Remembering Fitness Icon Jack LaLanne
MICHELE NORRIS, host:
Hollywood's Walk of Fame became a memorial today for one man. The star for Jack LaLanne is covered with flowers. Beginning in the 1950s, LaLanne made America care about fitness with a TV show that ran for more than three decades. He died yesterday of pneumonia at his California home. He was 96.
NPR's Tom Goldman profiled Jack LaLanne back in 2004, and today, he has this remembrance.
TOM GOLDMAN: Honest to God, when I heard the news last night that Jack LaLanne had died, my first reaction was: Really? Because I think after spending that day with him in 2004, when he was 89, I came away thinking: This little guy may go forever.
Mr. JACK LaLANNE (Fitness Expert): Harder Jack. Come on. Harder. I've only got one enemy: Jack LaLanne. That's it.
GOLDMAN: I'll always remember my first sight of him: chest-deep in water in his outdoor pool wearing a red swim cap, blue Speedos, pushing and pulling yellow resistance devices. It was 7:15 in the morning, and LaLanne was on. All I had to do was point my microphone.
Mr. LaLANNE: You know, for me, you know, I usually hit the gym around five or six in the morning. To leave a hot bed, leave a hot woman, go into a cold gym takes a lot of discipline, boy, I'll tell you. But the wonderful thing - I hate it, I've never liked to exercise, but I like results.
GOLDMAN: Imagine a drill sergeant so charismatic, so positively chirpy that you don't realize he's kicking your flabby rear end. That was the magic of Jack LaLanne for the millions of Americans who watched him on black-and-white TV in his trademark one-piece jumpsuit.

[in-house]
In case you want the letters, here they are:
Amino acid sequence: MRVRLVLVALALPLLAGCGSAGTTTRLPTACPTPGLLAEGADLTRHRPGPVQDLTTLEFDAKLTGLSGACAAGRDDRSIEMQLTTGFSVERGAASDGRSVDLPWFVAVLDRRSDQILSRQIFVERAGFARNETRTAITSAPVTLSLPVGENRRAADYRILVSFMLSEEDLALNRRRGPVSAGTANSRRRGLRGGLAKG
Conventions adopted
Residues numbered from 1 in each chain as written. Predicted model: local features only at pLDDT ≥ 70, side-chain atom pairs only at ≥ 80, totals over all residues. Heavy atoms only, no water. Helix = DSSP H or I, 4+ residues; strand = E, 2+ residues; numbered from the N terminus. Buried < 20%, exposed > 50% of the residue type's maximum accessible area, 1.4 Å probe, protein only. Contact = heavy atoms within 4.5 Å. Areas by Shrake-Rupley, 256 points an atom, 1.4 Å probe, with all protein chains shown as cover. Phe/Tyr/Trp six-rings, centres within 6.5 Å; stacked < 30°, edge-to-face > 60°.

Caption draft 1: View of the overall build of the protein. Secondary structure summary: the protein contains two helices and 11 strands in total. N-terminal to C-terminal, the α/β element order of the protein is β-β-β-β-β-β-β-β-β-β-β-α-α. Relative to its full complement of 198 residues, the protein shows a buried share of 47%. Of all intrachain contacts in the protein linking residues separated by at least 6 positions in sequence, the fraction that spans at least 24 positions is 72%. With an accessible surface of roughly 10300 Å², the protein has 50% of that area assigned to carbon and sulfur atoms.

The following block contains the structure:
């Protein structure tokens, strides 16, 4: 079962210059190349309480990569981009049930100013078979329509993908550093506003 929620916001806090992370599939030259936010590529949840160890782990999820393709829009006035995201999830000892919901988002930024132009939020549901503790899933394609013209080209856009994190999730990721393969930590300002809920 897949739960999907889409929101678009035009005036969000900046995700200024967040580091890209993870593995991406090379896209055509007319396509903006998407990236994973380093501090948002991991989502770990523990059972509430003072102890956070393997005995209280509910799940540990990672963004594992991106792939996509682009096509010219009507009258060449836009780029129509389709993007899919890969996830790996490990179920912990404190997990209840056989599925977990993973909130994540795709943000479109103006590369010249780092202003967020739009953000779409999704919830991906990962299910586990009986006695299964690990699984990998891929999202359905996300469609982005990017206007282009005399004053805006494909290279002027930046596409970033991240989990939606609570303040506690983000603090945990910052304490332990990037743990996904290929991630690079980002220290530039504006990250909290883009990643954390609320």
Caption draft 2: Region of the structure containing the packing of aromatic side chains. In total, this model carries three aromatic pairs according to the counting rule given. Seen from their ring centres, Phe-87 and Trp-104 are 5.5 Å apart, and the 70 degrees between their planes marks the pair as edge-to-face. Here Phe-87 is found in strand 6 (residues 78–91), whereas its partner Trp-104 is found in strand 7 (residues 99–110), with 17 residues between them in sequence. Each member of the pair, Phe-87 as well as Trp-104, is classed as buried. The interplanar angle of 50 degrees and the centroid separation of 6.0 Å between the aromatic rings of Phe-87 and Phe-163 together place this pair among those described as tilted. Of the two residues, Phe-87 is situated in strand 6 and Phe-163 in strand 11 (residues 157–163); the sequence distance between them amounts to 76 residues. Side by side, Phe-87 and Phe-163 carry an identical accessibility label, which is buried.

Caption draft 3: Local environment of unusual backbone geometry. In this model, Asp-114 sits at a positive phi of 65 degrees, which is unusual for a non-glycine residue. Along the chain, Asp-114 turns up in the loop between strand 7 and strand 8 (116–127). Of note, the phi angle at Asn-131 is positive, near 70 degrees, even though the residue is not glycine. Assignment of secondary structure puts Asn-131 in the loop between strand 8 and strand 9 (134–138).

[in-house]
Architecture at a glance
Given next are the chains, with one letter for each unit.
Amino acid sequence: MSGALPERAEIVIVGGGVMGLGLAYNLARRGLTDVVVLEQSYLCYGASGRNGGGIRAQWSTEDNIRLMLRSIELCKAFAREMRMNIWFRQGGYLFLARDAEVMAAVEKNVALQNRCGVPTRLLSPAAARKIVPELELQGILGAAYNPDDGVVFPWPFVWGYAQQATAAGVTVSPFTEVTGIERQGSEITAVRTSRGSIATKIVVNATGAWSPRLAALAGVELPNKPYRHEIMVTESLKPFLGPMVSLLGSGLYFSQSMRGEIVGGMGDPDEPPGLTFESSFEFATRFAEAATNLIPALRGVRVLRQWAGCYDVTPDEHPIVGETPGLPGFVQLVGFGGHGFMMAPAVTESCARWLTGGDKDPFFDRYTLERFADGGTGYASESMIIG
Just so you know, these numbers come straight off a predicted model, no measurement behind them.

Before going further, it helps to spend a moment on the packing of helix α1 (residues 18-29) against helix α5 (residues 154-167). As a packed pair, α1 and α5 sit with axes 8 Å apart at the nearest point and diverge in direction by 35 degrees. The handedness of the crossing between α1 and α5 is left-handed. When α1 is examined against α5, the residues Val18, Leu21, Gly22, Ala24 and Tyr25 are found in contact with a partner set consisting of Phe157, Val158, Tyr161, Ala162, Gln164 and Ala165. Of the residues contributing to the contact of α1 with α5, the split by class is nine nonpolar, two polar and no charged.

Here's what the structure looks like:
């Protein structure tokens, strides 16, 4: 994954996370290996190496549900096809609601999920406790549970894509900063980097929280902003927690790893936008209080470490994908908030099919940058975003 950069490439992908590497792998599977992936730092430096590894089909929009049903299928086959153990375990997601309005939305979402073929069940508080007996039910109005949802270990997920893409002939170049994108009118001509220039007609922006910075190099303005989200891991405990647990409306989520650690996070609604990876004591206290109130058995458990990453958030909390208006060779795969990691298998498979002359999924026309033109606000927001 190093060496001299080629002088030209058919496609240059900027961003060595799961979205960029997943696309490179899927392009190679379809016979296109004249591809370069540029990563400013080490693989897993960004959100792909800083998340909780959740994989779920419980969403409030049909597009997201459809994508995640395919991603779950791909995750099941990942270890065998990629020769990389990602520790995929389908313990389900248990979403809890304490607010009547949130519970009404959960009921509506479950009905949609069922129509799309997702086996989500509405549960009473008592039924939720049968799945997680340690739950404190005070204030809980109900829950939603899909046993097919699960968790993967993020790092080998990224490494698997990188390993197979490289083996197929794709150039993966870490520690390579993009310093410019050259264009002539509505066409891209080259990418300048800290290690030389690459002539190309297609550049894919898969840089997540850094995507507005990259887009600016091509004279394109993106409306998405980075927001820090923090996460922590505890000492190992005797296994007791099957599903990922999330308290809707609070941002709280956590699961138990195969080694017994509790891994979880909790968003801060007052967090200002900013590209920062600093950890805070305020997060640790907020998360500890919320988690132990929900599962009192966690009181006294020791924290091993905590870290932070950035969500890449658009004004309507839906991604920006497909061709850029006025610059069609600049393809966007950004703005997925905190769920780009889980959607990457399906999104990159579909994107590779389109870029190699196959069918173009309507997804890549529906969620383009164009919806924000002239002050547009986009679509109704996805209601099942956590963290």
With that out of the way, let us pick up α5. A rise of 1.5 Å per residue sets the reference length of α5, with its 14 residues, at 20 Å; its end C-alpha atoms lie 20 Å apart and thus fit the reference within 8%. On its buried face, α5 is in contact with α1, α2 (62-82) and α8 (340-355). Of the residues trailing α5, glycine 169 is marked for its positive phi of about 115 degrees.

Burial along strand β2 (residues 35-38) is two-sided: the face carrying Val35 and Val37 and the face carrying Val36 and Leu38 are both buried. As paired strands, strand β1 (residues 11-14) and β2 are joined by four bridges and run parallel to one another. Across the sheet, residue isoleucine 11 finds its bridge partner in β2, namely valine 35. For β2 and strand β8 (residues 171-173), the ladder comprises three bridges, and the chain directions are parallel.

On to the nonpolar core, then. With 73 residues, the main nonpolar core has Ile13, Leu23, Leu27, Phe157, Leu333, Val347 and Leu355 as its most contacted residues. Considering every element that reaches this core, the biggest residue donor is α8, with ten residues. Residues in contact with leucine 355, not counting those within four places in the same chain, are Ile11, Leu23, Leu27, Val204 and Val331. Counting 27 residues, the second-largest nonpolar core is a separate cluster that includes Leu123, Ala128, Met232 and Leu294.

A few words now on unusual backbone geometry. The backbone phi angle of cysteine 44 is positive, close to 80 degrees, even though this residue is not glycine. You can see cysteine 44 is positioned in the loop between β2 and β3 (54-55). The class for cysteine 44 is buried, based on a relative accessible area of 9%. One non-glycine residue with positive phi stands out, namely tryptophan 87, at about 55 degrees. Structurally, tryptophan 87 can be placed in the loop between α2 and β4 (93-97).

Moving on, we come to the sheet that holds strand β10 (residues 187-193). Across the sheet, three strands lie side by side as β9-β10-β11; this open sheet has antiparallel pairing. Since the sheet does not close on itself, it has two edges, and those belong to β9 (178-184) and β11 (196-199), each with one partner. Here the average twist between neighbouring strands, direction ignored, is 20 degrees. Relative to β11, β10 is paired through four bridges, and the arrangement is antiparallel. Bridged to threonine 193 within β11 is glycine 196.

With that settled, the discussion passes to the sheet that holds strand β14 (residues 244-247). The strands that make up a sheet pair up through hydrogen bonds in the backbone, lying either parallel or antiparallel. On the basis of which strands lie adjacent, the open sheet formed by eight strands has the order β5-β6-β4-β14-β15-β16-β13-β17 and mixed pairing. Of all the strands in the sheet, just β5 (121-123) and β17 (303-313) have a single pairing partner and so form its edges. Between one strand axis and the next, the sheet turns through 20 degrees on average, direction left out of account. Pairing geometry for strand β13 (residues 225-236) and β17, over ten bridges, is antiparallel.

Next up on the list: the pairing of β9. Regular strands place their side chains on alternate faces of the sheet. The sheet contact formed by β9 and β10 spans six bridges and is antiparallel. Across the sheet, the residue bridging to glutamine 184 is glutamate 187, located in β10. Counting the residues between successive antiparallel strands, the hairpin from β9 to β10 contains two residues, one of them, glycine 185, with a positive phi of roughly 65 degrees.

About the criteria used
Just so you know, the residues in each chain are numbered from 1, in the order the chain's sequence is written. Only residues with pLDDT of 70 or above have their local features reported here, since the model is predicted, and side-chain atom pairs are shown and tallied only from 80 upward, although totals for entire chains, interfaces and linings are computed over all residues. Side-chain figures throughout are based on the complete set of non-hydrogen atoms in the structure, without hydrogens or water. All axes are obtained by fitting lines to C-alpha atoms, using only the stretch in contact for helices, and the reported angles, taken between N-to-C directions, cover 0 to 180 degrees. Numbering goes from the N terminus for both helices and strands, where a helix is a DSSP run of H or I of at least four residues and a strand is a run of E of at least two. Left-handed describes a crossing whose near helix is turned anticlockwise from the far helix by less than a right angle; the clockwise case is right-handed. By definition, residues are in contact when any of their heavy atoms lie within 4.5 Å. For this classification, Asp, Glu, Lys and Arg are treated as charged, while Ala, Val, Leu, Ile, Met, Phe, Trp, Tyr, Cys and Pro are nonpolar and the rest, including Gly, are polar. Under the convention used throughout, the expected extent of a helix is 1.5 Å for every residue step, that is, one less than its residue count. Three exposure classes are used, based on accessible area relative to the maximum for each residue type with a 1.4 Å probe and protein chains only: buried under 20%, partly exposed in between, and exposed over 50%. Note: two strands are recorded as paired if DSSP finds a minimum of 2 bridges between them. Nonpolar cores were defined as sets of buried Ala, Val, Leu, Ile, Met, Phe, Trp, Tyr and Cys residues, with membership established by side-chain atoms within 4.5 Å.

Mr. LaLANNE: I'm not talking about the hangover, the kind that you get from overindulgence. I'm talking about the kind you get from lack of exercise and eating too much of the wrong foods. You know, you're hanging here and hanging here, and everything's hanging.
GOLDMAN: And for me, who dared to ask LaLanne whether busy, busy people really have time for all that exercise...
Mr. LaLANNE: Stand up. Don't use your hand. Sit down. Stand up. Now get your buttocks only about a half-inch off the chair. Now down, just a half-inch, a little lower, a little lower. Now up. Now do it fast, fast, up, down. Now do it slow, real slow, all the way down. Now, see, you're watching television, and you're getting a workout. You feel that, don't you?
GOLDMAN: Yes, I do.
LaLanne spread his message of healthy living with a missionary passion and devotion. Indeed, it was, he told me, his religion.
Mr. LaLANNE: My life. That's why I was put on this Earth, I believe this, to help people.
GOLDMAN: But first he had to help himself. LaLanne says as a kid, he was a sugarholic with an uncontrollable temper. He even considered suicide. But at 15, he heard a lecture by a health nutritionist who talked about how you could be born again by obeying nature's laws: exercising and eating proper food.
LaLanne was hooked by the message. He stopped eating sugar forever. He started exercising daily. To prove it all worked, he would do the stunts, like swimming handcuffed and towing a boat from Alcatraz to San Francisco at the age of 60. But it was the personal messages to millions that resonated most. He never stopped trying to help us all have our own fitness epiphanies.
A couple of years ago, LaLanne said: I can't afford to die. It would wreck my image. Today, that image is intact, and guaranteed, Jack LaLanne wouldn't want us to mourn. He'd want us to stand up, sit down, stand up, sit down.
Tom Goldman, NPR News.
(Soundbite of music)
NPR transcripts are created on a rush deadline by a contractor for NPR, and accuracy and availability may vary. This text may not be in its final form and may be updated or revised in the future. Please be aware that the authoritative record of NPR’s programming is the audio.